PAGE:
Introduction Intercellular communications are fundamental for many of the biological processes that are involved in the survival of living organisms, and secretory proteins are among the most important messengers in this network of information. Proteins destined for this function are endowed with a hydrophobic signal peptide which targets them to the endoplasmic reticulum (ER) and are released in the extracellular environment by a ‘classical’ pathway of constitutive or regulated secretion. However, in the early 1990s it became evident that non-classical mechanisms must exist for the secretion of some proteins which, despite their extracellular localisation and function, lack a signal peptide. Indeed, the family of these leaderless secretory proteins continues to grow and comprises proteins that, although apparently unrelated, share both structural and functional features. This chapter will review current hypotheses on the mechanisms underlying non-classical secretion and discuss their implications in the regulation of the inflammatory and immune response. The relevance of non-classical secretion pathways to molecular chaperone biology is also discussed in Chapters 2 and 12. Leaderless secretory proteins Secretory mechanisms that are discrete to the classical pathways appear early in evolution. Gram negative bacteria are endowed with many (up to six) types of secretion mechanisms that are, at least in part, independent of the general secretory pathway, the prototype being the haemolysin secretion system . In addition, two pathways of secretion that avoid the ER exist in yeast.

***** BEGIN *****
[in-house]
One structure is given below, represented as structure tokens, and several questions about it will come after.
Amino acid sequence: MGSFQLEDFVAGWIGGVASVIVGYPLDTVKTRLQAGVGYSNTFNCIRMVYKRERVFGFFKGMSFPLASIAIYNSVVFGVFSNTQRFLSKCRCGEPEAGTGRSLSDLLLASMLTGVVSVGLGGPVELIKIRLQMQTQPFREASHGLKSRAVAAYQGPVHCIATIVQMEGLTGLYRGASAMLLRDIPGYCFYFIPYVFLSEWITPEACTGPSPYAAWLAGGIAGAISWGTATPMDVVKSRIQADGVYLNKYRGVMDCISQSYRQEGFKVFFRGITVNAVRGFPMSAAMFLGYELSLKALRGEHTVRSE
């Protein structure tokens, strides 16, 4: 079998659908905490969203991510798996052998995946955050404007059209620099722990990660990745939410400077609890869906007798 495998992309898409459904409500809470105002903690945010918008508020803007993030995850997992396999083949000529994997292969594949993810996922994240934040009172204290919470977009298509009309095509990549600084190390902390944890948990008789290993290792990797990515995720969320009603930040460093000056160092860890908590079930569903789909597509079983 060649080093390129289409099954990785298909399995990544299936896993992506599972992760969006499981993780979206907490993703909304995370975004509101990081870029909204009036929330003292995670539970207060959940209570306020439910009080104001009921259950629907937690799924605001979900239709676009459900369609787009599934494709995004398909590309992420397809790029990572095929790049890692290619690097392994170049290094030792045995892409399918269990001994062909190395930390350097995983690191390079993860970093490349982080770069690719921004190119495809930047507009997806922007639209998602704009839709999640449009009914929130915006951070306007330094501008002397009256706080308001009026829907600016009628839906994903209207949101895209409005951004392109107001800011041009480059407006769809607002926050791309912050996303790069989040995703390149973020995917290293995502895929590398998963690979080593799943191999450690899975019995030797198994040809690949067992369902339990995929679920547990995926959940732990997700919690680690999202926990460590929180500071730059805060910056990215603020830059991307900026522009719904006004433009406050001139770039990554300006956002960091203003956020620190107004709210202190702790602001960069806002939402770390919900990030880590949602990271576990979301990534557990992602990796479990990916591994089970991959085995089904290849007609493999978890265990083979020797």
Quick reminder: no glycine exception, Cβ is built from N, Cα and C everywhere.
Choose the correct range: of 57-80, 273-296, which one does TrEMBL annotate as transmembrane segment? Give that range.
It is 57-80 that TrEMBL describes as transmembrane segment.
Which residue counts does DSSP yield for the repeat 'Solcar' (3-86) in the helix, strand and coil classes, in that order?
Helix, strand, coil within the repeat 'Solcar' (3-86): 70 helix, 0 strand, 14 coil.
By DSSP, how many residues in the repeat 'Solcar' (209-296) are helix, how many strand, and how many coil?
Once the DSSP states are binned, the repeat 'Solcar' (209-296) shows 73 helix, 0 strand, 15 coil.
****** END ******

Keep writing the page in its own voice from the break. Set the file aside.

ASJC Scopus subject areas
- Biochemistry, Genetics and Molecular Biology(all)